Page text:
Lobbying for union jobs and workers' rights isn't easy in a state as red as Idaho, but IBEW activists are playing a robust role in bridging the divide.

With about 35 members from six locals, IBEW members were a major contingent in the union army that descended on the Capitol in Boise for Lobby Day in mid-January.

"They always make us proud," said Idaho AFL-CIO President Joe Maloney, a journeyman wireman and organizer with Pocatello Local 449, who was elected to lead the state federation two years ago. "The IBEW is really strong here in Idaho."

In addition to Maloney's local and Boise Locals 291 and 283, Seattle Local 77, Spokane, Wash., Local 73 and Salt Lake City Local 57, all sent members. The out-of-state locals represent workers in Idaho.

Like many states, a major issue for Idaho's building trades is saving the journeyman-apprentice ratio on construction sites. While it's an uphill battle, and some damaging legislation has already passed, Maloney said, "we've got quite a few Republicans on our side."

Alicia Davila, president and co-founder of the women's committee at Local 291, had a unique perspective among IBEW members on the ratio, which ensures safe, quality construction while providing unparalleled training for apprentices.

"People were really curious, asking, 'Are you an electrician?' Davila said. "I work in telecommunications. I told them, 'I'm here because I don't want somebody who isn't trained in our registered apprenticeship to be working on my house.'"

Local 291 Business Manager Mark Zaleski said it's too early in the legislative session to know what all the 2020 challenges will be, but there's concern that state licensing requirements for tradesmen could be watered down, or worse.

"We haven't seen a bill yet, but we think there's a creeping attack, possibly doing away with licenses altogether," Zaleski said. "Many in Idaho government think that licenses are a hurdle for people to go to work. The fact is, we have people lining up to be apprentices. There's no hurdle there."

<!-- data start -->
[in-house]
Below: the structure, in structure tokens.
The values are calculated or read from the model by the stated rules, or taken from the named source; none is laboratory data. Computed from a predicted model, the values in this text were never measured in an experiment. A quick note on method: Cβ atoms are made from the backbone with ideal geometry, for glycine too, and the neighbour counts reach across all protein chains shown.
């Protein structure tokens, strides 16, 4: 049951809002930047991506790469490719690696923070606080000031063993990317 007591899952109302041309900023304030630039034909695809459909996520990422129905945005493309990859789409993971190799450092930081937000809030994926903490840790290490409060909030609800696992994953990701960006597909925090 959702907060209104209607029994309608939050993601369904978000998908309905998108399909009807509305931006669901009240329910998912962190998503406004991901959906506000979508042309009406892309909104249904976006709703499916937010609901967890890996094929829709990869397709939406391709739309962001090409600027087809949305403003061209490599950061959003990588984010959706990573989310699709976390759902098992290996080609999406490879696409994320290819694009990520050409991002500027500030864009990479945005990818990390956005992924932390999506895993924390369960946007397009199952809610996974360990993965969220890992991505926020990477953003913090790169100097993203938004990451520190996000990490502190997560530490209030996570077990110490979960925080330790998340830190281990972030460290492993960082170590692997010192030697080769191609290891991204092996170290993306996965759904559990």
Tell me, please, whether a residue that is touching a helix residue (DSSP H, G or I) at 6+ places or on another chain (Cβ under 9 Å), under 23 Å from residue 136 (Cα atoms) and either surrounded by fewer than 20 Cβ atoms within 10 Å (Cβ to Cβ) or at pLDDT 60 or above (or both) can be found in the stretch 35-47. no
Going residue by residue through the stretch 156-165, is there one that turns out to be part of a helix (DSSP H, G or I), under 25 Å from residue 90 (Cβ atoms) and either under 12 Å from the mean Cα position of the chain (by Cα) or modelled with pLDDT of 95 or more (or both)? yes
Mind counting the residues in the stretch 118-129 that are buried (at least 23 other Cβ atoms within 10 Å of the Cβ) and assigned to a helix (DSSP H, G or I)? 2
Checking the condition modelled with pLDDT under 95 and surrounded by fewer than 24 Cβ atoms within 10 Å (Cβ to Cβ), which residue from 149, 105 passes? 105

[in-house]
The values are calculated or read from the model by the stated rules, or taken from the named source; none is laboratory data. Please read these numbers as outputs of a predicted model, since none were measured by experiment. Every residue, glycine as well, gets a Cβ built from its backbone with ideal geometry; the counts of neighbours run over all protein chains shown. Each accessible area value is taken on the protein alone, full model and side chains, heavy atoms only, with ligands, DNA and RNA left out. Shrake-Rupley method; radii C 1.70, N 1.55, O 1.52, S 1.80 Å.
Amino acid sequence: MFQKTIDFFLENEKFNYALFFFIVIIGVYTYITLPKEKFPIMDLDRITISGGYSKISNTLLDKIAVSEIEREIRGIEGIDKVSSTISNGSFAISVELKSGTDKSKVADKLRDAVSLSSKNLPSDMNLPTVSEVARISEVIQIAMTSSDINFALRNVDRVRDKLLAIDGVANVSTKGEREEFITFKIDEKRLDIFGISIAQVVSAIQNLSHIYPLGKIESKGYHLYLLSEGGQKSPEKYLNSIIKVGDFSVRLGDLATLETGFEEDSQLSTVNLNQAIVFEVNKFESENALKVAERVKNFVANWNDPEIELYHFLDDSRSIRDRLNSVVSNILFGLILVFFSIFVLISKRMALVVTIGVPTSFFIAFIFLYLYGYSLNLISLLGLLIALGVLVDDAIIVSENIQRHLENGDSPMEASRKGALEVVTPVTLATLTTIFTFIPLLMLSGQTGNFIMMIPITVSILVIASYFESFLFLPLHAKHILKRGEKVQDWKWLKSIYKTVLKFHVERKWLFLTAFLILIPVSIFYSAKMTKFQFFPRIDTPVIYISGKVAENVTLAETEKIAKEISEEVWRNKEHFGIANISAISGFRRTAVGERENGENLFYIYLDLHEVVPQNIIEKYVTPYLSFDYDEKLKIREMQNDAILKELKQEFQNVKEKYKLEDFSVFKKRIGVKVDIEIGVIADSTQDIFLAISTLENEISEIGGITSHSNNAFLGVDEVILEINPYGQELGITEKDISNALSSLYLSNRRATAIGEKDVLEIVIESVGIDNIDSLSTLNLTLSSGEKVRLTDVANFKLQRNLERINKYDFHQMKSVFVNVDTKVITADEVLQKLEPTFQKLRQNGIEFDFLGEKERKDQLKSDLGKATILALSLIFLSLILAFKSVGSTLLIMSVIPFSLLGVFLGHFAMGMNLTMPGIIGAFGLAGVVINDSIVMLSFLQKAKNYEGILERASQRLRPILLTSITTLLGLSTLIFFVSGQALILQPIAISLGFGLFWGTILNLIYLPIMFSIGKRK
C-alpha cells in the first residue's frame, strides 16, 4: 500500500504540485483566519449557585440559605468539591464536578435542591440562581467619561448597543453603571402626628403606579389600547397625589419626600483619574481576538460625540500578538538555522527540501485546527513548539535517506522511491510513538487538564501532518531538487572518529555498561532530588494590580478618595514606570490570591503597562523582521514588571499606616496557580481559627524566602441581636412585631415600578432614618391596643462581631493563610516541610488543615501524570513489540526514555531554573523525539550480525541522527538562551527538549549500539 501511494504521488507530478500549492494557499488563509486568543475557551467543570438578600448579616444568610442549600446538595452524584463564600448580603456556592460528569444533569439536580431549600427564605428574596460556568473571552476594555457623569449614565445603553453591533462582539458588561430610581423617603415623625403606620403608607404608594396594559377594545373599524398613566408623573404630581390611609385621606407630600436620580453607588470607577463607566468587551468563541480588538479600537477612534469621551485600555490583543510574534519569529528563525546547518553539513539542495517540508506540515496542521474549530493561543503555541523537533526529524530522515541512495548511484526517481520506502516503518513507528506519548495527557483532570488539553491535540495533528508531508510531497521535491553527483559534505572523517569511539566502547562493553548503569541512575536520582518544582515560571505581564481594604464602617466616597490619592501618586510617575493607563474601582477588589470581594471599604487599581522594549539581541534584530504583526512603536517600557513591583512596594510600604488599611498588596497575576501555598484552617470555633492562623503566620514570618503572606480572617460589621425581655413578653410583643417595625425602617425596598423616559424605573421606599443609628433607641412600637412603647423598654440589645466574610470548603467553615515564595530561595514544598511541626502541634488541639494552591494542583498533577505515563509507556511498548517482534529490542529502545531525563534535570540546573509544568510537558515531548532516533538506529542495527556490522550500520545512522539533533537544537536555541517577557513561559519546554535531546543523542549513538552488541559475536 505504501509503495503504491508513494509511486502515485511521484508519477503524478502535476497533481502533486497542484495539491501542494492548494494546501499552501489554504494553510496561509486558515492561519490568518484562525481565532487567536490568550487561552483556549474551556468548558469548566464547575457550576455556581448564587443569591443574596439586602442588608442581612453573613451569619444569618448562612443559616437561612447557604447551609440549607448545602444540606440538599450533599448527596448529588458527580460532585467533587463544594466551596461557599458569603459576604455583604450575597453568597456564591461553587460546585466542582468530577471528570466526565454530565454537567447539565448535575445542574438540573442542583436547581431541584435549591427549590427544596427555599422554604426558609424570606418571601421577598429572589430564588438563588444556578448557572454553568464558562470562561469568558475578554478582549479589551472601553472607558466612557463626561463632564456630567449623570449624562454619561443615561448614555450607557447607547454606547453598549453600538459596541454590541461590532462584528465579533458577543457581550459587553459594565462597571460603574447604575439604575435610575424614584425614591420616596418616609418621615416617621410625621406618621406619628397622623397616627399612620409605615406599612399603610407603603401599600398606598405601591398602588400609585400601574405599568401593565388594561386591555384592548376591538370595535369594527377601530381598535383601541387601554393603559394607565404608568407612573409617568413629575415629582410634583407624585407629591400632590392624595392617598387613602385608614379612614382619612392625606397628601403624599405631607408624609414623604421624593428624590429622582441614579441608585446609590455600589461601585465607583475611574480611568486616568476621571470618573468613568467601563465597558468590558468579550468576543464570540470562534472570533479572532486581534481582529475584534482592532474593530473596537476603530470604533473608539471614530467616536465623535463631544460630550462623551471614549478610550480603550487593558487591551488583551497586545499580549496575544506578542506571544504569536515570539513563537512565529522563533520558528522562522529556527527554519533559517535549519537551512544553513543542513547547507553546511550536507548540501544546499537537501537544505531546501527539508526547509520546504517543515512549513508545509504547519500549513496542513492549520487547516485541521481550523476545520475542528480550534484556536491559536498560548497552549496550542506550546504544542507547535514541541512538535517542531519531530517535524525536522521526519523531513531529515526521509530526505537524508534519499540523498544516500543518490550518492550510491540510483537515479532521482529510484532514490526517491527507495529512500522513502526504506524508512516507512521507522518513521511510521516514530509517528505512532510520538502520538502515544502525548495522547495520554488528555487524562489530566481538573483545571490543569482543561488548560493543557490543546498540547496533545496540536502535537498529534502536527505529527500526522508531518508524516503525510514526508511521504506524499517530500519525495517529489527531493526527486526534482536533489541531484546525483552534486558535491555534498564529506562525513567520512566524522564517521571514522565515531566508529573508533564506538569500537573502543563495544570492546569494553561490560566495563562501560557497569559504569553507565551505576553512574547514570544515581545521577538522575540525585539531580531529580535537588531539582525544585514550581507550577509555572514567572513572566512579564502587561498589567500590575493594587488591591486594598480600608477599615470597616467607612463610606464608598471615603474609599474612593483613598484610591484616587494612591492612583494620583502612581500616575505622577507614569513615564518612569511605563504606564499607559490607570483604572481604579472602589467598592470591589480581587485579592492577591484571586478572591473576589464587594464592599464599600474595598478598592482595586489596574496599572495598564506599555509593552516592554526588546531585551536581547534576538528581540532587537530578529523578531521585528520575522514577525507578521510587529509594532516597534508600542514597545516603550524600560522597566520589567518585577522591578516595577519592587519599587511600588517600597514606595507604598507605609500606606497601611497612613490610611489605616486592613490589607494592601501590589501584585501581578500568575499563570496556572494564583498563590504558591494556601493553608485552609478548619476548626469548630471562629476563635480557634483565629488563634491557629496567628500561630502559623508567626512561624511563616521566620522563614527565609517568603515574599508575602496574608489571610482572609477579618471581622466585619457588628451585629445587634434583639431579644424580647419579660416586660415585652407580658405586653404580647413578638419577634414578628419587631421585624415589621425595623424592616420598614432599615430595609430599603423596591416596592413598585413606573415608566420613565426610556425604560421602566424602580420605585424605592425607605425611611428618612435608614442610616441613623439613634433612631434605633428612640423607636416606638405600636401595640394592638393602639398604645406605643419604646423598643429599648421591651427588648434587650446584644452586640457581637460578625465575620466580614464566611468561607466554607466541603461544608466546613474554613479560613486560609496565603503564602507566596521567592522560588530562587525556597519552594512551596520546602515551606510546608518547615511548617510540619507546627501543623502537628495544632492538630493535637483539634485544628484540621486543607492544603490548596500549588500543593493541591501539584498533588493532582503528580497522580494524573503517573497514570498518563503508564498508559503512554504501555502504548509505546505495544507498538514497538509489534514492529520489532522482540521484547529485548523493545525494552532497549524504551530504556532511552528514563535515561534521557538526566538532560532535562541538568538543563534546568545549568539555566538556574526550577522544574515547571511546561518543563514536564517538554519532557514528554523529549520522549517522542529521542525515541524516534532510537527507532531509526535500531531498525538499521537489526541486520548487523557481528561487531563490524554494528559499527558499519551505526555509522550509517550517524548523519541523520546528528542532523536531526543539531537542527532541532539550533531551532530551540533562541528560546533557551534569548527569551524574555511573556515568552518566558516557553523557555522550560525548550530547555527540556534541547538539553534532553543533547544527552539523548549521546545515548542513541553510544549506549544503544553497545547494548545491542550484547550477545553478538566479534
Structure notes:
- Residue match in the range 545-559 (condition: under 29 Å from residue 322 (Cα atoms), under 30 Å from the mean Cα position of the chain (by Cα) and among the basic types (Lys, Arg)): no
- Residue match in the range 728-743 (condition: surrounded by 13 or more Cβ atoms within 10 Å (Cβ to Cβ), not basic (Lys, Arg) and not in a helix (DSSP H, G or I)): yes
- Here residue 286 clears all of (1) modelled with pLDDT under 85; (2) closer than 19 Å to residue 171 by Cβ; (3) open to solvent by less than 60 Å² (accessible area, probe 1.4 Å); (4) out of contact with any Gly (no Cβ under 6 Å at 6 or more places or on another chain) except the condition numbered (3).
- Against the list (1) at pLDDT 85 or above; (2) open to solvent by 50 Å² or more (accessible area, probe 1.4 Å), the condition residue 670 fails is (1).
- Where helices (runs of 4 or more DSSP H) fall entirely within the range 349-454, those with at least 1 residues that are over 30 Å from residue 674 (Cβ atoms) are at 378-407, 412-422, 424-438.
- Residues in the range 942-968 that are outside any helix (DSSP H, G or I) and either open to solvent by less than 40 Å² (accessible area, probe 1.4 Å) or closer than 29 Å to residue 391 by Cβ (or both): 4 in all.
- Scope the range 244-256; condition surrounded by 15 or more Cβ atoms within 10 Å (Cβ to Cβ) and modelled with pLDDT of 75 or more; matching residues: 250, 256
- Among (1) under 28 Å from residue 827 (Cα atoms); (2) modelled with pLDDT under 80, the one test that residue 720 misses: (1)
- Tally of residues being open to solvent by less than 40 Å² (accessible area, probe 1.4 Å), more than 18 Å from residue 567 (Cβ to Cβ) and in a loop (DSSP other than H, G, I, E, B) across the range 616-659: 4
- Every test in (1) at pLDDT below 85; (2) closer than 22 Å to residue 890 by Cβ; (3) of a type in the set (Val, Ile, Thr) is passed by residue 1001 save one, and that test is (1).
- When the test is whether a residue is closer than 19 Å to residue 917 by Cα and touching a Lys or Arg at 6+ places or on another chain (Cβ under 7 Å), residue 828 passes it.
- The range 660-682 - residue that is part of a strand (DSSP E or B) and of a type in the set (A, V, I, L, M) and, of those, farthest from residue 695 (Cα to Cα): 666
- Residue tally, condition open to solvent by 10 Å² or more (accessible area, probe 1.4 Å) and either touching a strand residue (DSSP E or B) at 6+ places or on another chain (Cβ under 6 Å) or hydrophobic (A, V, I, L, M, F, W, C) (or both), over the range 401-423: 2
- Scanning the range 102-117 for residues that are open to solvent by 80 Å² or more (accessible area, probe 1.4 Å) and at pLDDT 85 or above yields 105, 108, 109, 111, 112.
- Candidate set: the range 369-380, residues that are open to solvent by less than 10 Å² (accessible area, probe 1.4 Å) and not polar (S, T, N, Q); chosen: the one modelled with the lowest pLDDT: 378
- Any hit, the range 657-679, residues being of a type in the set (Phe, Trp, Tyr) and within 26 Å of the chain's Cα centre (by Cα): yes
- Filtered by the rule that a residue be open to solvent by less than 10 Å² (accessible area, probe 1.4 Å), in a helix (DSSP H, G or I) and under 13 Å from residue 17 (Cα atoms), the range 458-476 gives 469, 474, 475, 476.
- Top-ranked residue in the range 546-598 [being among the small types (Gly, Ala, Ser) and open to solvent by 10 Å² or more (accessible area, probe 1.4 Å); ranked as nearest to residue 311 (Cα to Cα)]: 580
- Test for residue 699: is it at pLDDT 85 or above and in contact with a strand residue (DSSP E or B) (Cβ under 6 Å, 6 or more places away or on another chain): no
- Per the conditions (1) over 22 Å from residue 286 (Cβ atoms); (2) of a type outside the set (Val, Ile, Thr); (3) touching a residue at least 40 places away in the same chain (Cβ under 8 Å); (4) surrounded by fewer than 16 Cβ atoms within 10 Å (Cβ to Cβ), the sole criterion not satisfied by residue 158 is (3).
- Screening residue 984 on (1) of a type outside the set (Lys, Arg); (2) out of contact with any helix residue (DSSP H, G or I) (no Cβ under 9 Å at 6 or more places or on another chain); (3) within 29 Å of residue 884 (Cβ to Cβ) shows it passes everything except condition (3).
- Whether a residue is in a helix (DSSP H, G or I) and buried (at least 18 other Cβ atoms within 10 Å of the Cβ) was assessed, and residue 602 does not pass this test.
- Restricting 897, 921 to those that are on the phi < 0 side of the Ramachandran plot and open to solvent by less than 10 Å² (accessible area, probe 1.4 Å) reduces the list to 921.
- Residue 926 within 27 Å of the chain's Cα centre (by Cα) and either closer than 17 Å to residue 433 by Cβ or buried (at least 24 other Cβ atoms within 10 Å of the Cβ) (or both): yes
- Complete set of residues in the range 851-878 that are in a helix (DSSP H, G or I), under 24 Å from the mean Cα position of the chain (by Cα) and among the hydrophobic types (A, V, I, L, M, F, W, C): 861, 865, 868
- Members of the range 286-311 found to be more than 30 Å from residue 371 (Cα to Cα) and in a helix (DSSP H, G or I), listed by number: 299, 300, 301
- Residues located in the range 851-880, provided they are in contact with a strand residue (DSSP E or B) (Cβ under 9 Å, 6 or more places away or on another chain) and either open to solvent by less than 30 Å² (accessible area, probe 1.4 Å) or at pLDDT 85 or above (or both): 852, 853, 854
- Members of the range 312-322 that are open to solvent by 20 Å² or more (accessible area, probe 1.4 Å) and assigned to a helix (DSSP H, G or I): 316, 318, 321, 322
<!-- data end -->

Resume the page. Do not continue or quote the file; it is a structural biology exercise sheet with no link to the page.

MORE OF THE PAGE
Assaults on licensing and on the journeyman-apprentice ratio are threats to good jobs and public safety, he said, and the IBEW will continue to be vigilant. "Lobby Day is a great opportunity — we lobbied during the day and had the meet-and-greet at night, with tons of representatives coming out. But we fight it out here every day."

It's an especially steep battle in Idaho, with supermajorities hostile to labor in both legislative chambers and a Republican governor.

But Maloney said there has been progress, such as legislation last year giving workers more time to file claims for unpaid wages, and another bill that provides workers' compensation for first responders suffering from post-traumatic stress disorder. Gov. Brad Little signed both into law.

"We have a good relationship with the governor, where at least his door is open and he'll sit down and listen to what we have to say," he said. "He's not a champion for labor, but he's not out to hurt us."

Maloney is encouraging unions to spend more time with lawmakers on the opposing side, even by sponsoring tables at GOP fundraisers in their districts "so they see you in the public eye."

"We don't care whether you're a Republican or a Democrat as long as you're voting for labor," he said. "We strive every day to break those barriers down."

He noted that on the PTSD bill for police officers and firefighters, some legislators asked why unions weren't fighting for all workers to be included. Because, he explained, they knew the financial impact of a bigger bill would kill it altogether, and no one would be covered.

"The way you eat an elephant is one bite at a time, and that's what we're doing," he said. "We're getting little wins and building on those."

For Local 291's Davila, Lobby Day was a first. As she raised building trade and broader workers' issues, such as the fight for a higher minimum wage, she shared her own story — a mother of four who grew up in Idaho and strongly opposed the state's right-to-work law long before she was a union member. She eagerly joined the IBEW when she started working at an AT&T call center in early 2018.

She was exhilarated by her day at the Capitol. "I felt like it went really great," she said. "To be there as a union sister advocating for labor rights and for women's rights in the workplace, it was empowering."


Idaho IBEW members converged on the state Capitol in January to lobby for pro-worker bills and legislation vital to safety and quality in the building trades.

Credit: Robert Struckman, AFL-CIO

Kentucky's New Labor-backed Governor
Moves Quickly to Protect Workers